In her classic account of World War I, Barbara Tuchman sets the scene for the passing of the prewar era with a vision of epochal pomp, the funeral of Britain’s King Edward VII. Nine monarchs rode in the procession and the pageantry evoked “gasps of admiration,” wrote Tuchman. But when it was over, one British peer reflected that “all the old buoys which have marked the channel of our lives seem to have been swept away.”

In Dubai last month, a very different kind of pageant was held, but if Tuchman were still around she’d have been taking notes. This triumph was billed as a world-beating blowout, a $20 million star-smacked extravaganza with the likes of Charlize Theron, Lindsay Lohan, Michael Jordan, and Robert De Niro in attendance. The fireworks display was so enormous it could only truly be appreciated from the heavens (literally—it was visible from space). The occasion was the opening of the $1.5 billion Atlantis resort complex on an enormous artificial archipelago shaped like a palm tree. The point of the party, its promoters explained, was to show the world that Dubai is a land of fantasies come true, an over-the-top destination for good times. But among many of the guests, the mood was funereal. As the fireworks exploded, the global economy was imploding. Many of Dubai’s overleveraged fortunes were crumbling, and no one was sure where to turn. The old buoys seemed to have been swept away.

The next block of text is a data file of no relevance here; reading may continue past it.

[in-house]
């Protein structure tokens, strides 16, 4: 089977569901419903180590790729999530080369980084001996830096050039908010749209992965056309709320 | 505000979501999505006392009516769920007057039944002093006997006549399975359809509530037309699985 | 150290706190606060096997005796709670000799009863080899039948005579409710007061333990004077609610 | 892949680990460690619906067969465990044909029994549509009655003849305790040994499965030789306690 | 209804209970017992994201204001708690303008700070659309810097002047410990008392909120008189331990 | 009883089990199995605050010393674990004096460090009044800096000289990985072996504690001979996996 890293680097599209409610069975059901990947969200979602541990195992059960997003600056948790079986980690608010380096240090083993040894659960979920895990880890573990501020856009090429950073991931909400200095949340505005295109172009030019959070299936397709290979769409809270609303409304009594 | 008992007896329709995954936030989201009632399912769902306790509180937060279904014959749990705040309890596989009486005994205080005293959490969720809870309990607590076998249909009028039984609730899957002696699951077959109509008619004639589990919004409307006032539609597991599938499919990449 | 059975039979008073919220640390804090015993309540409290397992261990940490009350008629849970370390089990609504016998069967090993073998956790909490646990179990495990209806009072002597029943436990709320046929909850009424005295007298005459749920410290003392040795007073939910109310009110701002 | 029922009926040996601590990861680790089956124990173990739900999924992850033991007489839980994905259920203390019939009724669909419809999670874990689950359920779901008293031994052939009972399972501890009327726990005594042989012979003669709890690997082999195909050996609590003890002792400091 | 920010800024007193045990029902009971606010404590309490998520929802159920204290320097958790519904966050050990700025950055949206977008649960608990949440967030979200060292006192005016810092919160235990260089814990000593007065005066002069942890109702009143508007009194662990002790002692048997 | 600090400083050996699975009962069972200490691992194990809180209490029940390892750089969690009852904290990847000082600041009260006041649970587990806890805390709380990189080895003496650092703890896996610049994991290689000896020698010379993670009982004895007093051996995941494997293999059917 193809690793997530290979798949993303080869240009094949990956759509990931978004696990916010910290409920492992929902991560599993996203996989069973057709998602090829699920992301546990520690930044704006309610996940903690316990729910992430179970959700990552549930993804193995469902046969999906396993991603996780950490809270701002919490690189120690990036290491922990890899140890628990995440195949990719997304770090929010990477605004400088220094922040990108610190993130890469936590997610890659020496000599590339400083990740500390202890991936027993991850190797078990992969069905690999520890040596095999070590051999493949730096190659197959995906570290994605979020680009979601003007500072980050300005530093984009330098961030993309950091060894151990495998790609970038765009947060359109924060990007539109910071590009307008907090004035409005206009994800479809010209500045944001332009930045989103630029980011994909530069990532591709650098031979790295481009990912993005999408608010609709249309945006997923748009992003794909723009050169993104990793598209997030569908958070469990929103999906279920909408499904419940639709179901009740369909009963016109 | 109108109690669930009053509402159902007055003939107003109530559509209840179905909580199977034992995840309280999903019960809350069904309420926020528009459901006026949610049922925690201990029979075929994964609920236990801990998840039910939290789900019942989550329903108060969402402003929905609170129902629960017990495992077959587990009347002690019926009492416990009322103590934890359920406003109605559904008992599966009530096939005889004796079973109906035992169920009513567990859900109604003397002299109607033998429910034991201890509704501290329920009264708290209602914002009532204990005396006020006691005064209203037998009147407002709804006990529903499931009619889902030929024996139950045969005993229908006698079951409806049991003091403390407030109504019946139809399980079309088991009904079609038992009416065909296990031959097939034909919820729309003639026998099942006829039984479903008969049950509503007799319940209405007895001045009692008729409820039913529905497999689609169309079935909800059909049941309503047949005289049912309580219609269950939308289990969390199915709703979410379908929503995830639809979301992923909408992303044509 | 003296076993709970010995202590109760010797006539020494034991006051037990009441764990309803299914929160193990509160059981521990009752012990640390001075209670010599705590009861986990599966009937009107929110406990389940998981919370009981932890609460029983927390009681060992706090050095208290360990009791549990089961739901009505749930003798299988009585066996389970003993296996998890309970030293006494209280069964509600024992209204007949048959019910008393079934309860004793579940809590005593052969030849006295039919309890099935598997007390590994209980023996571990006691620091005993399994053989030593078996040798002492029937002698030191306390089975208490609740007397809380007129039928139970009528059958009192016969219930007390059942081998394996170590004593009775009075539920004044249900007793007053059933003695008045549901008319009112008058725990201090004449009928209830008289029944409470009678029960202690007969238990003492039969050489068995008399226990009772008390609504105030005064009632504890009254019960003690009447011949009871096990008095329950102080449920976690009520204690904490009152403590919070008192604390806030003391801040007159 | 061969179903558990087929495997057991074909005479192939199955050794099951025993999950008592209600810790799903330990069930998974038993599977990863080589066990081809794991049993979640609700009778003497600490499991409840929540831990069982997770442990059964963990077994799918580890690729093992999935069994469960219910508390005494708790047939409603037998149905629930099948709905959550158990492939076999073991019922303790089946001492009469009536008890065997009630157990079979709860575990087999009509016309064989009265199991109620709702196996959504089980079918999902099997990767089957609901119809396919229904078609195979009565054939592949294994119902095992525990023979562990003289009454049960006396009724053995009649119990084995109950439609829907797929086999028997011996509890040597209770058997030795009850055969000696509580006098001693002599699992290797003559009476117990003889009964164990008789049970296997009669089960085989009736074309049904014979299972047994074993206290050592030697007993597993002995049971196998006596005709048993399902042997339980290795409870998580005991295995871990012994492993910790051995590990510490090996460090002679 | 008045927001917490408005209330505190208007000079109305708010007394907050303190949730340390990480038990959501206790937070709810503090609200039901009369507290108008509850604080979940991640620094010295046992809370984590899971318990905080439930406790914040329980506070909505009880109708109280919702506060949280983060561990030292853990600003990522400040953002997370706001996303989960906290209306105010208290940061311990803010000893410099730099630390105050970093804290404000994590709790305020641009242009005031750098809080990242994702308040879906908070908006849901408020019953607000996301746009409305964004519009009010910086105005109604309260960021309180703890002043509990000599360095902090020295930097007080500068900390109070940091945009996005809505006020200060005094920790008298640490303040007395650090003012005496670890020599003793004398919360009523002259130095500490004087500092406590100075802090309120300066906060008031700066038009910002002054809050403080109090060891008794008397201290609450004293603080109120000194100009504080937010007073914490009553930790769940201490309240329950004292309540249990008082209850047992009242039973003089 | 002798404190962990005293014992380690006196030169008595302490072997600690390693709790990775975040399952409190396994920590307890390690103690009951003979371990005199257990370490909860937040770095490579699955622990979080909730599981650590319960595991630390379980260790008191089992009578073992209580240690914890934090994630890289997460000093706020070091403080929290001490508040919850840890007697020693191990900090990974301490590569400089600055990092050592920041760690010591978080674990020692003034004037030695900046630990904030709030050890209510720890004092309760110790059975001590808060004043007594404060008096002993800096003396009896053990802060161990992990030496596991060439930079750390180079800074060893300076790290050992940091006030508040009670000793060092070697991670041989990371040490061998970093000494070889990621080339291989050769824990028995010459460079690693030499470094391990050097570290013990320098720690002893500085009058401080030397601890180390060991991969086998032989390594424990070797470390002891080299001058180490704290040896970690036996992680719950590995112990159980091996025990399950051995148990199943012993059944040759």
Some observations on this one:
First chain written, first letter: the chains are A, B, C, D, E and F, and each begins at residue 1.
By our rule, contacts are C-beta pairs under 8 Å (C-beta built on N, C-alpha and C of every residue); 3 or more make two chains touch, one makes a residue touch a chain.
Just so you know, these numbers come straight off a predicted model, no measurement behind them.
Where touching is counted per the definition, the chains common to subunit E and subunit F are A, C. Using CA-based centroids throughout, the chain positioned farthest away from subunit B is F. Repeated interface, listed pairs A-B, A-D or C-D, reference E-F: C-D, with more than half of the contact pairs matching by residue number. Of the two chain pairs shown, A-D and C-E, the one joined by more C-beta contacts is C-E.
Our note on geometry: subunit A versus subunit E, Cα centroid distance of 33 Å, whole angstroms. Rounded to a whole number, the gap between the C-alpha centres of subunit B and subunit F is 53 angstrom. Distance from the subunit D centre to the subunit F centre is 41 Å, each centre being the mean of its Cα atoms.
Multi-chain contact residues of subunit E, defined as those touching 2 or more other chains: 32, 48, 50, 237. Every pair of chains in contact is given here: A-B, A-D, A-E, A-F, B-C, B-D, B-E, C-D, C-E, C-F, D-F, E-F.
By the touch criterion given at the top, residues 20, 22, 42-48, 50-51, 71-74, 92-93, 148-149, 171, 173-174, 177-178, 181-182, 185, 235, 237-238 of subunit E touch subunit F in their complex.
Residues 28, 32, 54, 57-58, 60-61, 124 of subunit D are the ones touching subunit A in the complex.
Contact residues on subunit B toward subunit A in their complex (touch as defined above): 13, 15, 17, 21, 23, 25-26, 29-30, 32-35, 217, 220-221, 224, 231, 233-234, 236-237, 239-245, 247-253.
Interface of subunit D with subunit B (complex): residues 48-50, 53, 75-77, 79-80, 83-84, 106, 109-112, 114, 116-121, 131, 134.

http://www.newsweek.com/id/172641

 

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